Editorial: Sir Mervyn’s megaphone moments

In recent weeks, the Governor of the Bank of England has been shouting his opinions from the rooftops
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They used to say that the merest twitch of the eyebrows of the Governor of the Bank of England was enough to scare financial markets back into line.

But in recent weeks, Sir Mervyn King has not so much been twitching his eyebrows as shouting his opinions from the rooftops.

First there came the news that Sir Mervyn had made a surprise defection to the doveish camp on the Bank’s rate-setting Monetary Policy Committee, voting for more stimulus for the ailing economy. The strange thing was that only weeks before, Sir Mervyn had seemed to suggest that the ability of quantitative easing to do any good had been exhausted.

Then, making his final appearance before the Banking Standards Committee, Sir Mervyn aired the bombshell opinion that the management efforts to restore the semi-nationalised Royal Bank of Scotland to health were failing and that, for the good of the wider economy, the bank ought to be broken up without delay. He described the present arm’s-length public ownership arrangements for RBS, in very un-central banker language, as “a nonsense”.

And this week we were treated to a rare broadcast interview with ITV in which the Governor casually announced that sterling had fallen enough, which sent the pound surging on the foreign exchanges. It was quite a contrast with Sir Mervyn’s remarks last year, when he made it perfectly clear he believed the value of sterling was too high. All this most probably reflects the fact that the clock is fast running down on Sir Mervyn’s long tenure at Threadneedle Street. He hands over the reins of power in July to the feted Canadian central banker Mark Carney. Sir Mervyn knows that in just three months, people will suddenly lose interest in his views, as they shift their attention to the new boss.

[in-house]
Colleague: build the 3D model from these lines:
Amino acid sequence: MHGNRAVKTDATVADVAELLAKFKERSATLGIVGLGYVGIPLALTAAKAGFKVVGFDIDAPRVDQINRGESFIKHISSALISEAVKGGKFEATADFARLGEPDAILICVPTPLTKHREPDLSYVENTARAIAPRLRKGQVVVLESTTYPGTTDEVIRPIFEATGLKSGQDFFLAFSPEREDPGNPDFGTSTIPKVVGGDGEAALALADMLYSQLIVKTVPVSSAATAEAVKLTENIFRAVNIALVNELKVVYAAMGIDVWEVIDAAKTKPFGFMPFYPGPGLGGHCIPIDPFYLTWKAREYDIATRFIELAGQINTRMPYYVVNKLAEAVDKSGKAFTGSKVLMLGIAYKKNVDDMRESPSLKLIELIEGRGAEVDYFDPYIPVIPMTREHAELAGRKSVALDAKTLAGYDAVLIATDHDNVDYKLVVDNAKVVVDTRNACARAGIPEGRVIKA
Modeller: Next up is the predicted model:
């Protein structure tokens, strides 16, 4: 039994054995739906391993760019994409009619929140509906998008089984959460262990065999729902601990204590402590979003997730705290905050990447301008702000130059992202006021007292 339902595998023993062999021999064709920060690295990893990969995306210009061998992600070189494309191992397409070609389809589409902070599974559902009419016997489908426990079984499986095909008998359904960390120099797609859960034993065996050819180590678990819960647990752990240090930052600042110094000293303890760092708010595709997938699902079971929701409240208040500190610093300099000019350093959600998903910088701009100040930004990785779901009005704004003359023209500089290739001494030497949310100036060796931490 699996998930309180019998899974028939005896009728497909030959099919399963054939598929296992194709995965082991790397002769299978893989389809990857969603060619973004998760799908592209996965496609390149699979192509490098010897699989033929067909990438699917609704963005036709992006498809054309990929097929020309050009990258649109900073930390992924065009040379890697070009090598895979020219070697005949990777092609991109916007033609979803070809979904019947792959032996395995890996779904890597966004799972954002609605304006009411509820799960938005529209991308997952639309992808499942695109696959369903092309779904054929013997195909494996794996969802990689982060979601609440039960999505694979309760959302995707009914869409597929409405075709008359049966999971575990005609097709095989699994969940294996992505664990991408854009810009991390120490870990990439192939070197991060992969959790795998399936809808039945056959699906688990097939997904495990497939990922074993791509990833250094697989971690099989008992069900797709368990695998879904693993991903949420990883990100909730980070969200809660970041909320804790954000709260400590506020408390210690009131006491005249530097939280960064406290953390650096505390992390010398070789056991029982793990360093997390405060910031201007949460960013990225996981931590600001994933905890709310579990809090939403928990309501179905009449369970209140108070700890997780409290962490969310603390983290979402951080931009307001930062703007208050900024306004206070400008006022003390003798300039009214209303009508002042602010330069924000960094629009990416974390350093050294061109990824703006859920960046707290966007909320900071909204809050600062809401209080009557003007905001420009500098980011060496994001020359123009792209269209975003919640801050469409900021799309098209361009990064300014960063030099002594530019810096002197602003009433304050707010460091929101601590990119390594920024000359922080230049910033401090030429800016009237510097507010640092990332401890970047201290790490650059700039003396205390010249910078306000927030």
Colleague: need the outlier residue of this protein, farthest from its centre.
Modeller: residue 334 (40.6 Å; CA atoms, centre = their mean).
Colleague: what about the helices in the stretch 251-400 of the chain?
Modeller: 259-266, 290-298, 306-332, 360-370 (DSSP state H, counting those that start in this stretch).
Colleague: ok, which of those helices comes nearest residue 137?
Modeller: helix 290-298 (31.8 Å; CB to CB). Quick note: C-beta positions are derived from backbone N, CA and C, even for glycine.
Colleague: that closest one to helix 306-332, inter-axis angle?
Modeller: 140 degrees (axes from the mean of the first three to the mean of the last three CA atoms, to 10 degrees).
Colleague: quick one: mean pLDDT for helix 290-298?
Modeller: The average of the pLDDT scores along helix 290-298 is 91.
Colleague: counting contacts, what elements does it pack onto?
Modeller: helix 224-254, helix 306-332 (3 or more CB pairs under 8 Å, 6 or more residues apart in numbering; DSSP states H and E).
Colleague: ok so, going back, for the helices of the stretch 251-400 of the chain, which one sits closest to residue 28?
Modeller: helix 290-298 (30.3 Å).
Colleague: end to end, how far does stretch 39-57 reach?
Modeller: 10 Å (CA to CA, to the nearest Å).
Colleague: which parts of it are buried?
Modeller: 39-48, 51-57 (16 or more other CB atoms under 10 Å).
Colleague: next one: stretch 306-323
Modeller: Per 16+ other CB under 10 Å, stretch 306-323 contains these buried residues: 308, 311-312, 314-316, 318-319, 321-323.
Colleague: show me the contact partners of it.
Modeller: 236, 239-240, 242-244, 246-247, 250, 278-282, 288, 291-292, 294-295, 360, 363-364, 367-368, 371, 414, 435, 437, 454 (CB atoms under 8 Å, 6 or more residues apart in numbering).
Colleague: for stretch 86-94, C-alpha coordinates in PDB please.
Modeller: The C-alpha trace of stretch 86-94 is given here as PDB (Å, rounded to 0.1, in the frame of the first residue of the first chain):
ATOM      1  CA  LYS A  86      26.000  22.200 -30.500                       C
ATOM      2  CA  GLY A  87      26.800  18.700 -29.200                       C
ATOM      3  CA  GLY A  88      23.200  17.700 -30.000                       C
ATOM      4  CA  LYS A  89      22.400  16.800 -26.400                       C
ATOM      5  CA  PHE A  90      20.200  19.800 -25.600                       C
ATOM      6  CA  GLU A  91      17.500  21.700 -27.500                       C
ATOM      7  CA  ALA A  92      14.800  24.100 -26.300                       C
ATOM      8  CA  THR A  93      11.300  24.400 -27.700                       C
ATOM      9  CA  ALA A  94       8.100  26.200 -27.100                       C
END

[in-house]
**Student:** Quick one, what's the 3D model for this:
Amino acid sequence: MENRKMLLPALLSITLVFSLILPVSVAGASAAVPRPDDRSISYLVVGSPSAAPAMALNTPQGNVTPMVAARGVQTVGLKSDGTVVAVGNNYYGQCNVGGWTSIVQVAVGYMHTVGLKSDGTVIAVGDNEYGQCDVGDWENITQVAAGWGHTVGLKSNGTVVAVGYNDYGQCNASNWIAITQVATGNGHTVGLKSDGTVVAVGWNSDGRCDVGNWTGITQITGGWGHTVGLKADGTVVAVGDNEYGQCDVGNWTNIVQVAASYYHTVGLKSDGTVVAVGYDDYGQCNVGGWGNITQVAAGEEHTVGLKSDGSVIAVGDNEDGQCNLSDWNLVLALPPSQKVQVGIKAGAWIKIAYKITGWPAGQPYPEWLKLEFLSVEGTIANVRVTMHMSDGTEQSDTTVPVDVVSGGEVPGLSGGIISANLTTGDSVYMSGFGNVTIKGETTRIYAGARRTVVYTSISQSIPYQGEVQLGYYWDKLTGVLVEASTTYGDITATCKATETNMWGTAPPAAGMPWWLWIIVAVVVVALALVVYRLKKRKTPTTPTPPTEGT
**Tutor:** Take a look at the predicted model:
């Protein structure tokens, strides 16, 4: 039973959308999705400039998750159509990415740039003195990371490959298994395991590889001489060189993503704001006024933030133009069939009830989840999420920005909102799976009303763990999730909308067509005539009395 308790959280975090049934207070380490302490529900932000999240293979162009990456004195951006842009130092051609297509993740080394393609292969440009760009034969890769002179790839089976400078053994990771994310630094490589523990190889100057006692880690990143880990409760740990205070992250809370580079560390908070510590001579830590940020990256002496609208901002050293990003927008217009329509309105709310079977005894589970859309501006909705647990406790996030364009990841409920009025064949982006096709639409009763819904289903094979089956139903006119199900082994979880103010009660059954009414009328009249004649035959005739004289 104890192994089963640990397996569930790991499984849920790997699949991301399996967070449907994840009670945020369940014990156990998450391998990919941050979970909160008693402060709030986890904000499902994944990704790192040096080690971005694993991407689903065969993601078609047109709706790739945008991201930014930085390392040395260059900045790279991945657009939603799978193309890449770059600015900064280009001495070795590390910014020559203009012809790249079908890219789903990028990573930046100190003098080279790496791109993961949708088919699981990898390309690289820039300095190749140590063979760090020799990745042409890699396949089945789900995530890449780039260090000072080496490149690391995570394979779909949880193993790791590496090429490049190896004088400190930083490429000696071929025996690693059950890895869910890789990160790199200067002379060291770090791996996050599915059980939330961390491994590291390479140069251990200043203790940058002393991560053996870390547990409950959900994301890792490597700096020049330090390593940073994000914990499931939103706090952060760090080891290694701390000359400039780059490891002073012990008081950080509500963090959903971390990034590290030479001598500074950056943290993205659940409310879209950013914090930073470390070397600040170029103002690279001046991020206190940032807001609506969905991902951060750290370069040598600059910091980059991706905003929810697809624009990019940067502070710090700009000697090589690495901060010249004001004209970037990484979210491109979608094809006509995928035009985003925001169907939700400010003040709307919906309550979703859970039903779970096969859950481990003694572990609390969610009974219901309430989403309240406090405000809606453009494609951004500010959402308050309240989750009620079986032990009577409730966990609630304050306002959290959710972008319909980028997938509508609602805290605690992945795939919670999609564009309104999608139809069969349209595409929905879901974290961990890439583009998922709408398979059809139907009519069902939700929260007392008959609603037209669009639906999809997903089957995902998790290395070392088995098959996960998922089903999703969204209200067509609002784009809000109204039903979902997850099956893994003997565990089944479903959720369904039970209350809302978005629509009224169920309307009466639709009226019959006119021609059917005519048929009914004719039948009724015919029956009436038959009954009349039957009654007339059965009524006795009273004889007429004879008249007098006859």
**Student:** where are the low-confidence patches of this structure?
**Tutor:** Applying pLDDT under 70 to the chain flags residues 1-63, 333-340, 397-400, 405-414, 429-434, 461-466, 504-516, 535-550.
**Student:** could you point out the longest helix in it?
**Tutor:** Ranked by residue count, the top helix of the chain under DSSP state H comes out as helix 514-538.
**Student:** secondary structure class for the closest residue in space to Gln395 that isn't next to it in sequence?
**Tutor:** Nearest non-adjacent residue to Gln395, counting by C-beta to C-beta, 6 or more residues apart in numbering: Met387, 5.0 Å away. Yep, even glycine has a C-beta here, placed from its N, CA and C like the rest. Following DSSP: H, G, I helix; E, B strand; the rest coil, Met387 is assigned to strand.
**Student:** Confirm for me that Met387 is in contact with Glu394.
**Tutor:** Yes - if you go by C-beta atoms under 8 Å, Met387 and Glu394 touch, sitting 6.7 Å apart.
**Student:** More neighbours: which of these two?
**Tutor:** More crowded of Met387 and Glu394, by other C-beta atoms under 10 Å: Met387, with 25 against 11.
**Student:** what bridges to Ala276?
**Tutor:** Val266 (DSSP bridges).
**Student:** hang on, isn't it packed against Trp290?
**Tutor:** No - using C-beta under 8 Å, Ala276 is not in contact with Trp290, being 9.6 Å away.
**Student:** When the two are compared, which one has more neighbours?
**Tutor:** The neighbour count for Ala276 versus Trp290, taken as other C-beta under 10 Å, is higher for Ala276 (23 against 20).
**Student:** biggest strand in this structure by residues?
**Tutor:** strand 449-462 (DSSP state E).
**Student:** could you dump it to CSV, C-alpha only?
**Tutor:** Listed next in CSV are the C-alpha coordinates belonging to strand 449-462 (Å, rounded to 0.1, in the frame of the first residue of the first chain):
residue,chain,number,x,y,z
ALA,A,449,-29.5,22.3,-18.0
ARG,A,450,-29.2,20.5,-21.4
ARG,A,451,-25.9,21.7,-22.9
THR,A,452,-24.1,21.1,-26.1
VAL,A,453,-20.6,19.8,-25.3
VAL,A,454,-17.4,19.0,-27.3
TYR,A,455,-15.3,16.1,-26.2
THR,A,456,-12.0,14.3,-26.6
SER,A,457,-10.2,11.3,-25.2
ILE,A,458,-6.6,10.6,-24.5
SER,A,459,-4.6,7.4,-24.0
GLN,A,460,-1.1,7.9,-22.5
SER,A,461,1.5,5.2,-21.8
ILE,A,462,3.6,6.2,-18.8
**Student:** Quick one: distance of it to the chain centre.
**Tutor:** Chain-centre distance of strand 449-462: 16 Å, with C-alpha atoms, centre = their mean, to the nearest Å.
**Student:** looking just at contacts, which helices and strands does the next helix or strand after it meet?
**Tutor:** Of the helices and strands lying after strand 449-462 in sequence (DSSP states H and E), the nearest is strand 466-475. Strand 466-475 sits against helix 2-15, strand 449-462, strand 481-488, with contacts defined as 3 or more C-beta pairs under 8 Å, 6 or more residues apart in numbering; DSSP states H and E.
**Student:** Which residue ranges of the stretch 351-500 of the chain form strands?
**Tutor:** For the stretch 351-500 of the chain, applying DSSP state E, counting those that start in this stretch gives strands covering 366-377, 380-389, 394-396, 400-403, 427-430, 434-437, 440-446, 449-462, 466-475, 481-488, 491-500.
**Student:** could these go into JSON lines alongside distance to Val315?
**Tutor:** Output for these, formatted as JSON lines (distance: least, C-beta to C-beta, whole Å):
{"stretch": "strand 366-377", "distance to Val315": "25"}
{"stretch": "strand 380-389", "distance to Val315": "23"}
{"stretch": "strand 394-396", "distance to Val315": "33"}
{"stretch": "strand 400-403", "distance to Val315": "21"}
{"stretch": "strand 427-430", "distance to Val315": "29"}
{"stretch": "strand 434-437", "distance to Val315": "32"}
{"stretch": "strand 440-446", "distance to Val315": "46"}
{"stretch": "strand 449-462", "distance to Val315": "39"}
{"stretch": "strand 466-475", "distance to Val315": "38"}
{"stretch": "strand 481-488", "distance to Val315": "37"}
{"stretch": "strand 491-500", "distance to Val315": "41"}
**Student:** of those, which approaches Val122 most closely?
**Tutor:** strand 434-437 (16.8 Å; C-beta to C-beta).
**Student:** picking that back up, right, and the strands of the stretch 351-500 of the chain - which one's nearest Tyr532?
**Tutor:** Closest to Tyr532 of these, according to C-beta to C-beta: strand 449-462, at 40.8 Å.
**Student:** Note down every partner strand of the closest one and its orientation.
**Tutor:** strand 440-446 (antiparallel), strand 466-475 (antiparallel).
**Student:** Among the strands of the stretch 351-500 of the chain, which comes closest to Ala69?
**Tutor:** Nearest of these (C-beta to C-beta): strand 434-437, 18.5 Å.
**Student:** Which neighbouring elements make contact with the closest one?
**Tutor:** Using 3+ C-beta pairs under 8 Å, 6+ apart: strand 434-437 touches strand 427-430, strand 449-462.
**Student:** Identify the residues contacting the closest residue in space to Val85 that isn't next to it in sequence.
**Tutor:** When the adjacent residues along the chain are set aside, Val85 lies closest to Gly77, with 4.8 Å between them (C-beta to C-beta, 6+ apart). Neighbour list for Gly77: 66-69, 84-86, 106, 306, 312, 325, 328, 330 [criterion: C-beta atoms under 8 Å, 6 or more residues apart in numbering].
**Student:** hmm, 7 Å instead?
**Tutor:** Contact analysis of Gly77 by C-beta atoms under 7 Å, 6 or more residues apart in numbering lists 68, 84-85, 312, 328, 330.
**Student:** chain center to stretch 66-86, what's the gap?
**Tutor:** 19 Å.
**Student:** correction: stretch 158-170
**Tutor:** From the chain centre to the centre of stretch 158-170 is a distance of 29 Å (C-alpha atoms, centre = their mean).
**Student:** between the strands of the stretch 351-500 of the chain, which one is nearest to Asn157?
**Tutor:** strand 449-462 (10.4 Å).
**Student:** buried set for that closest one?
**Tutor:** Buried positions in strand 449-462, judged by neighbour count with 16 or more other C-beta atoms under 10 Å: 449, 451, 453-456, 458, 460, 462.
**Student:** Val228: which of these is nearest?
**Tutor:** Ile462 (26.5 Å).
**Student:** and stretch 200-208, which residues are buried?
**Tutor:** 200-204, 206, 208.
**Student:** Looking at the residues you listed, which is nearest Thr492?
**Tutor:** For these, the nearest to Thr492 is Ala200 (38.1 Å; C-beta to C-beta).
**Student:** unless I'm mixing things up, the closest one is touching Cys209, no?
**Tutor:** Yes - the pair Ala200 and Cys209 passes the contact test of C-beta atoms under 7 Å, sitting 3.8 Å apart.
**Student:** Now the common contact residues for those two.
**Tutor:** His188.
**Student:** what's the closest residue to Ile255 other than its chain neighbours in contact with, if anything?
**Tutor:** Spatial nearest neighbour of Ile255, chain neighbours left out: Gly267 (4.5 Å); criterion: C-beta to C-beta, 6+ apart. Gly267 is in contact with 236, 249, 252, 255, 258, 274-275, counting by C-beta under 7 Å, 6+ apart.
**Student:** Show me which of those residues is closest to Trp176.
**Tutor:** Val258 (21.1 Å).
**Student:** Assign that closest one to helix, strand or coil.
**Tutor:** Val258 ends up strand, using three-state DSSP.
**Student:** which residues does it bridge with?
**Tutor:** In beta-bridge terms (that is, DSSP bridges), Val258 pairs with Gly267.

If Sir Mervyn has something to say, he must unburden himself now. But it is possible to detect something else in this somewhat erratic pattern of behaviour. Could it be a concern over his legacy, perhaps even a nagging fear that history will not be as kind to his Threadneedle Street reign as he believes it deserves?